He typed up (and had photocopied) 1,000 letters to every personal friend and relative he knew, and then to strangers, whose names he had purchased from a mailing list label service. Lastly, he got from the USPS, 1,000 pre-stamped envelopes (where the postage alone, at that time, was 25Ā¢ each).

The letters were all mailed simultaneously, of course, and several months later, after he was certain that everyone who was going to “send $1 to the person at the top of your list,” did so, he sent a personal check to the Big Brothers/Big Sisters offices in Houston, Texas, for the staggering amount of ONLY NINE DOLLARS.

flameboi's avatar

boredom? :s

gailcalled's avatar

@flame: see first answer ^^

Insecurity
Feelings of inferiority
Feelings of lack of control
(And as Body head said; feelings of powerlessness)
I am sure that these are connected psychologically.

flameboi's avatar

@gail
thank you

marinelife's avatar

To me the more relevant question is why do people feel compelled to inflict chain letters of any stripe on other people? I HATE them. I never forward them. I often write a fairly nasty message back to the sender saying never send me one of these again.

Capri's avatar

I think people who make up false chain letters (and that would be the vast majority) are either very misguided, misinformed, paranoid about something, or in most cases, in love with themselves, bored, attention-seeking, and they get a kick out of manipulating and bullying massive numbers of people via cyber space forwards. From that sick kid hoax email to Facebook wall hacker hoax chains, to ridiculous religious exploitation, and I think a lot of the religious fanatical sounding chain letters out there may be started by people who are not believers in whatever religion they’re targetting but they want to get some laughs at the expense of easily manipulated and naive people who do believe in sed religion. Women are another big target for chain letters, and there are chain letters specifically designed to target men as well. But you’re more likely to get chain letters aimed at your own gender, and IMO, they’re all junk. The Myspace bulletins that depict guys as cheating shallow jerks and the girls as the poor sad-eyed ones who are always the ones getting hurt, and how you’re supposed to feel sorry for them and show your good heart by forwarding the sappy chain letter is very annoying.Chain letters tend to perpetuate the worst stereotypes, and why it is that people continue to fall for them and forward them along, yet they basically ignore their friends otherwise, is beyond me.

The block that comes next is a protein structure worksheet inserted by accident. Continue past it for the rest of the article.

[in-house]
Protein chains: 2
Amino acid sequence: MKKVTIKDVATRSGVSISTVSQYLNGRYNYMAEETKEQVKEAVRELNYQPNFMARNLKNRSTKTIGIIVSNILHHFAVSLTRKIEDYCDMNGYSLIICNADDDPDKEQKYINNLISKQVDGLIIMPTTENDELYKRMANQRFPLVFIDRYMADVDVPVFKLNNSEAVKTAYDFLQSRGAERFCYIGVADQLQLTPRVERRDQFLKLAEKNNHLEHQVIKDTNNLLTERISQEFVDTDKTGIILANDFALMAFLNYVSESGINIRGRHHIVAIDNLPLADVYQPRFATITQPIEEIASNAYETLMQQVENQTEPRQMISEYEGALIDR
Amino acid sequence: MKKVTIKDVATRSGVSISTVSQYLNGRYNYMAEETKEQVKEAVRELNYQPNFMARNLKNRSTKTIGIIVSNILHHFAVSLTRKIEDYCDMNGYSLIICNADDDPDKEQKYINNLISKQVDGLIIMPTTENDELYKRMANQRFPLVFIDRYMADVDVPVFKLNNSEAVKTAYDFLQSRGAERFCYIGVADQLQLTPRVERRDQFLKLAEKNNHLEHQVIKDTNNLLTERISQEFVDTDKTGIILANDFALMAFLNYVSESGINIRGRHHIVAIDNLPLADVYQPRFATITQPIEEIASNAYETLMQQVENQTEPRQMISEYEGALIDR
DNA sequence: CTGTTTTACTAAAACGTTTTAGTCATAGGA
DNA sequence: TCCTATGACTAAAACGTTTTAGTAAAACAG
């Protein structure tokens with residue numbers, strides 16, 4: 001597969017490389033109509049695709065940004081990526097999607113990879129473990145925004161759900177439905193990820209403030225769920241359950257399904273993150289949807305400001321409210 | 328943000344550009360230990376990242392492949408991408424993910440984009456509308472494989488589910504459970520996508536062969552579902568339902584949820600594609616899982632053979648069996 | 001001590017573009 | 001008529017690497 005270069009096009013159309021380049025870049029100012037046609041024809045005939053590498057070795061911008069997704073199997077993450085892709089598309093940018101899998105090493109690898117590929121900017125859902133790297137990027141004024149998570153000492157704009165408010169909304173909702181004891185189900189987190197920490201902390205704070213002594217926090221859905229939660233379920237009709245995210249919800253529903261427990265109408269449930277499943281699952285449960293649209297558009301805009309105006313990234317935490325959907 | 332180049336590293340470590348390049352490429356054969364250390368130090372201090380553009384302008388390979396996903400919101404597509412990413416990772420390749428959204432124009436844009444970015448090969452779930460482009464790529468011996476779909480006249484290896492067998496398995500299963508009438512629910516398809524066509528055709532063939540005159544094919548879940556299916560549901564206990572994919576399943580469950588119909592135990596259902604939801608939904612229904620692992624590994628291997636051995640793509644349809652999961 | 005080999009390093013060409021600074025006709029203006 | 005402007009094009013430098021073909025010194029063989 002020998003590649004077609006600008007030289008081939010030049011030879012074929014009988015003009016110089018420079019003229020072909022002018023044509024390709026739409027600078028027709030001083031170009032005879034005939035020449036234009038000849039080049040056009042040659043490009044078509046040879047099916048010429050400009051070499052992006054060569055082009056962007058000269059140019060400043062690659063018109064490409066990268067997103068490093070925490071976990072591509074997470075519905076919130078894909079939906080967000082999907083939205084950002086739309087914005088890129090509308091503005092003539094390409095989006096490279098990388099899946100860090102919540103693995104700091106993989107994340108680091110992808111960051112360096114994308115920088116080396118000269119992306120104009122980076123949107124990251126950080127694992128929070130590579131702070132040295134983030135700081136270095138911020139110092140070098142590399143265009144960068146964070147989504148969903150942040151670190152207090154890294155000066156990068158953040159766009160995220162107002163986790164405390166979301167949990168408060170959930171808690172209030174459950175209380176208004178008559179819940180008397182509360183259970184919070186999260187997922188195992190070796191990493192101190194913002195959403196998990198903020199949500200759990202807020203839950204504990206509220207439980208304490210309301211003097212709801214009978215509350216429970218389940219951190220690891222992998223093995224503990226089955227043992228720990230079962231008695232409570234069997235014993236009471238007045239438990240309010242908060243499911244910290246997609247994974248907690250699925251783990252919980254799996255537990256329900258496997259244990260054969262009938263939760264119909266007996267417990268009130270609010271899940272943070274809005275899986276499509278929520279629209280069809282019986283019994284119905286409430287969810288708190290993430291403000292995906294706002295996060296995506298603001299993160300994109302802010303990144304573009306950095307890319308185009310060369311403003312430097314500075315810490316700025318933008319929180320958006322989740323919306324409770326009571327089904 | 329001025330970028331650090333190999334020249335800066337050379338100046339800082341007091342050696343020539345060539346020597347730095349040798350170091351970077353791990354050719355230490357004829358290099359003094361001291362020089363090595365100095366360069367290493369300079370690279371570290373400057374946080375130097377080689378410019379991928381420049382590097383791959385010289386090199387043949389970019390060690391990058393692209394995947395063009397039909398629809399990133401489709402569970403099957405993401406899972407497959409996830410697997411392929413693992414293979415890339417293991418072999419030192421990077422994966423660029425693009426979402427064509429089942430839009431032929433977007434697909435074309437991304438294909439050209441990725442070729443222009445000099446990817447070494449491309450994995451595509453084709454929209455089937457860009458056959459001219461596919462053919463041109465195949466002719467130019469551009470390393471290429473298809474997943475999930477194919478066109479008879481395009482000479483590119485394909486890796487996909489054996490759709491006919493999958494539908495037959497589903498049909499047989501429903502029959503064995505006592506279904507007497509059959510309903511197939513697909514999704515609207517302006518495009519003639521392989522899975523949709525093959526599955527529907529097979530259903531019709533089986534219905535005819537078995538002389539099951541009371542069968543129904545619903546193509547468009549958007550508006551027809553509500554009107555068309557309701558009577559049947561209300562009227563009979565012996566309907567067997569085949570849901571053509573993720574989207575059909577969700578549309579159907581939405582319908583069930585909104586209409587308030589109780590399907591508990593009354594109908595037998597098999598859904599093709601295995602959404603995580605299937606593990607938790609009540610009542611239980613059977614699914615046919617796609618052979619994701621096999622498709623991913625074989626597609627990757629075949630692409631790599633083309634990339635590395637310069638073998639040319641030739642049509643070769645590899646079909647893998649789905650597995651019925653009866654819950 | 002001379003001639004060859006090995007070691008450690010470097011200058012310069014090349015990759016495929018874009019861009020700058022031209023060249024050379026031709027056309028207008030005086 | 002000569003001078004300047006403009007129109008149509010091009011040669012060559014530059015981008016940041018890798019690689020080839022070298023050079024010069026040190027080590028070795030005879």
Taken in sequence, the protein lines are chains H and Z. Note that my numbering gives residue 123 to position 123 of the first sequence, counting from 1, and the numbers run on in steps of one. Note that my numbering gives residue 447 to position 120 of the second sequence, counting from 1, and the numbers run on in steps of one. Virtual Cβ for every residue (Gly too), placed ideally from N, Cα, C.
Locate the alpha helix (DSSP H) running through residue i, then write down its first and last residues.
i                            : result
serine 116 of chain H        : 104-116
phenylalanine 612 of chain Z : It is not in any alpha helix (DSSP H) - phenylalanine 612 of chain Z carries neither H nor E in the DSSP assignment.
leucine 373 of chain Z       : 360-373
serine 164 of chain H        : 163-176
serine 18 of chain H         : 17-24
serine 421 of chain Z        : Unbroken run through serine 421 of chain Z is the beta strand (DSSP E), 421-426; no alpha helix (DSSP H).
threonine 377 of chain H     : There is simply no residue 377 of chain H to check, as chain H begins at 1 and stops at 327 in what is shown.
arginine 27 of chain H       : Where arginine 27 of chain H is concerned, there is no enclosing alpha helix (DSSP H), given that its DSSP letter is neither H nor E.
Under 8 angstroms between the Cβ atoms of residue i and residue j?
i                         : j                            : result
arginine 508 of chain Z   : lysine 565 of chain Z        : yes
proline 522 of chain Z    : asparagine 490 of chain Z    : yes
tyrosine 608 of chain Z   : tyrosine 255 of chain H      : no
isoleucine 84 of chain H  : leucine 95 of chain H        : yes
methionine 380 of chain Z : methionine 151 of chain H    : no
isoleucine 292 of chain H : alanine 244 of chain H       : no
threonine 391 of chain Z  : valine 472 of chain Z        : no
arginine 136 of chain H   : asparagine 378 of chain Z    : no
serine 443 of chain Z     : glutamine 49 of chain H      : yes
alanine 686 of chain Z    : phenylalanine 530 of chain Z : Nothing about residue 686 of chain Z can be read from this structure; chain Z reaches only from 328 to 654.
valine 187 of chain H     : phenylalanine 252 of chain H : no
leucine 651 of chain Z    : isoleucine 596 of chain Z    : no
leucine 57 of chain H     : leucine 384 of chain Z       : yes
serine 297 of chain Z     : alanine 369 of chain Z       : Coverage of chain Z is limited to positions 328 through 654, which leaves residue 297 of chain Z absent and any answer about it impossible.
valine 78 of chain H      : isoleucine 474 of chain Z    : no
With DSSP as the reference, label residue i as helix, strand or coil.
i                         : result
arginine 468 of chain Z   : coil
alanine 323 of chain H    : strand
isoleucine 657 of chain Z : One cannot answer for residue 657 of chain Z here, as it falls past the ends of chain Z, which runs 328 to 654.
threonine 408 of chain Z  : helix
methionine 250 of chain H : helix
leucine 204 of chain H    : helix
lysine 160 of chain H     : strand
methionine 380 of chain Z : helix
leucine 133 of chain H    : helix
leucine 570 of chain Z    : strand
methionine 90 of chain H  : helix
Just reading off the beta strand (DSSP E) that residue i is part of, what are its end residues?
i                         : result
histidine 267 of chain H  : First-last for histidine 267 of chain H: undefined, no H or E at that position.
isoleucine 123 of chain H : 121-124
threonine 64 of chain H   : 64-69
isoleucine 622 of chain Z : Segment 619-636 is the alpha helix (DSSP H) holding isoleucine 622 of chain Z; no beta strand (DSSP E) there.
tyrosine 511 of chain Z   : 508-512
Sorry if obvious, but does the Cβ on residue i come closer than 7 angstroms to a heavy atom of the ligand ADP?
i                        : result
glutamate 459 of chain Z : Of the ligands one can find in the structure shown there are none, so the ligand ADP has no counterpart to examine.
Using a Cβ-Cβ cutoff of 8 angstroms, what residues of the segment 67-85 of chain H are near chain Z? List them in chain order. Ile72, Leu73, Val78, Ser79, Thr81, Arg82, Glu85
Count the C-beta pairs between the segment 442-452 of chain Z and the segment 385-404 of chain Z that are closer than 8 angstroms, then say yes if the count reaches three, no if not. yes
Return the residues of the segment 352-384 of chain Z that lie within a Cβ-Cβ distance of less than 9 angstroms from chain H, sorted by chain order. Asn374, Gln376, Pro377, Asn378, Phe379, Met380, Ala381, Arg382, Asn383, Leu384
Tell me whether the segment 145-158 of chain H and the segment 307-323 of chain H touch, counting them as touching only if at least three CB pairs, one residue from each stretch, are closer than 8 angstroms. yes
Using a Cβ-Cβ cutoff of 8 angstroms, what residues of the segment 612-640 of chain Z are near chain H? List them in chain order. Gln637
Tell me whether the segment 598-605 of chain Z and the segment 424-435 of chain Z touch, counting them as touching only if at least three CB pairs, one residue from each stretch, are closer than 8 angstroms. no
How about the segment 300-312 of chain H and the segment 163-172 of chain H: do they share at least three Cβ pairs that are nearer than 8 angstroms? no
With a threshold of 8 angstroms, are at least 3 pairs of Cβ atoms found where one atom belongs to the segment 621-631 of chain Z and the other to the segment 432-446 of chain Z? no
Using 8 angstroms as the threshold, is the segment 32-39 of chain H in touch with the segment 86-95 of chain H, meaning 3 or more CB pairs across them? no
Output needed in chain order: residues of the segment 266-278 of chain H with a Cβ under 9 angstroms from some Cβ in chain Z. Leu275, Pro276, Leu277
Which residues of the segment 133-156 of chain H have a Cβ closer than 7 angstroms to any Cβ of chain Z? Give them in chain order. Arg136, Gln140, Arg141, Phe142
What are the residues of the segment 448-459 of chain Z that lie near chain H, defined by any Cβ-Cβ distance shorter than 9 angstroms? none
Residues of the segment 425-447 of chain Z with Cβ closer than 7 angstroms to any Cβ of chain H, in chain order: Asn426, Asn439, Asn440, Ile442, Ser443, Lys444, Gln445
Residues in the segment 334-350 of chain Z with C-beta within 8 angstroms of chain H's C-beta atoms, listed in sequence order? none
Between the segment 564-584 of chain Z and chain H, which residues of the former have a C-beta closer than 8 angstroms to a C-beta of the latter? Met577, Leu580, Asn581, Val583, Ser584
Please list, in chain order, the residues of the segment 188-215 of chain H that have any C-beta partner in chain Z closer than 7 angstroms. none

What else is particularly galling is that the hoaxters who make up this crud get away with it. Mostly, nobody knows where these things actually originate, so everyone who pays for forwarding irresponsibility is a victim of the forward somewhere down the line. There are a few hoaxes that can be traced back to their originators, but the two I can think of were hoaxters that ripped off an older hoax. Evan Trembley, and Ashley Flores missing kid hoaxes were taken from the old missing Penny Brown hoax, but with Evan and Ashley’s pictures put in place of the generic little girl pic (no one knows who the girl is in the original Penny Brown hoax I don’t think) It sounds like the Trembley and Flores hoaxes were meant as a joke among the friends of these two people, but because they started on Myspace, the hoax didn’t stay just between the friends, and it spread through friends of friends, who actually thought the missing kid alerts were real. Which goes to show that starting such a joke even as intended to stay among friends is a bad idea because of the potential of it getting out among the general public.

BBQsomeCows's avatar

they want to be first in line when mandatory euthanizing begins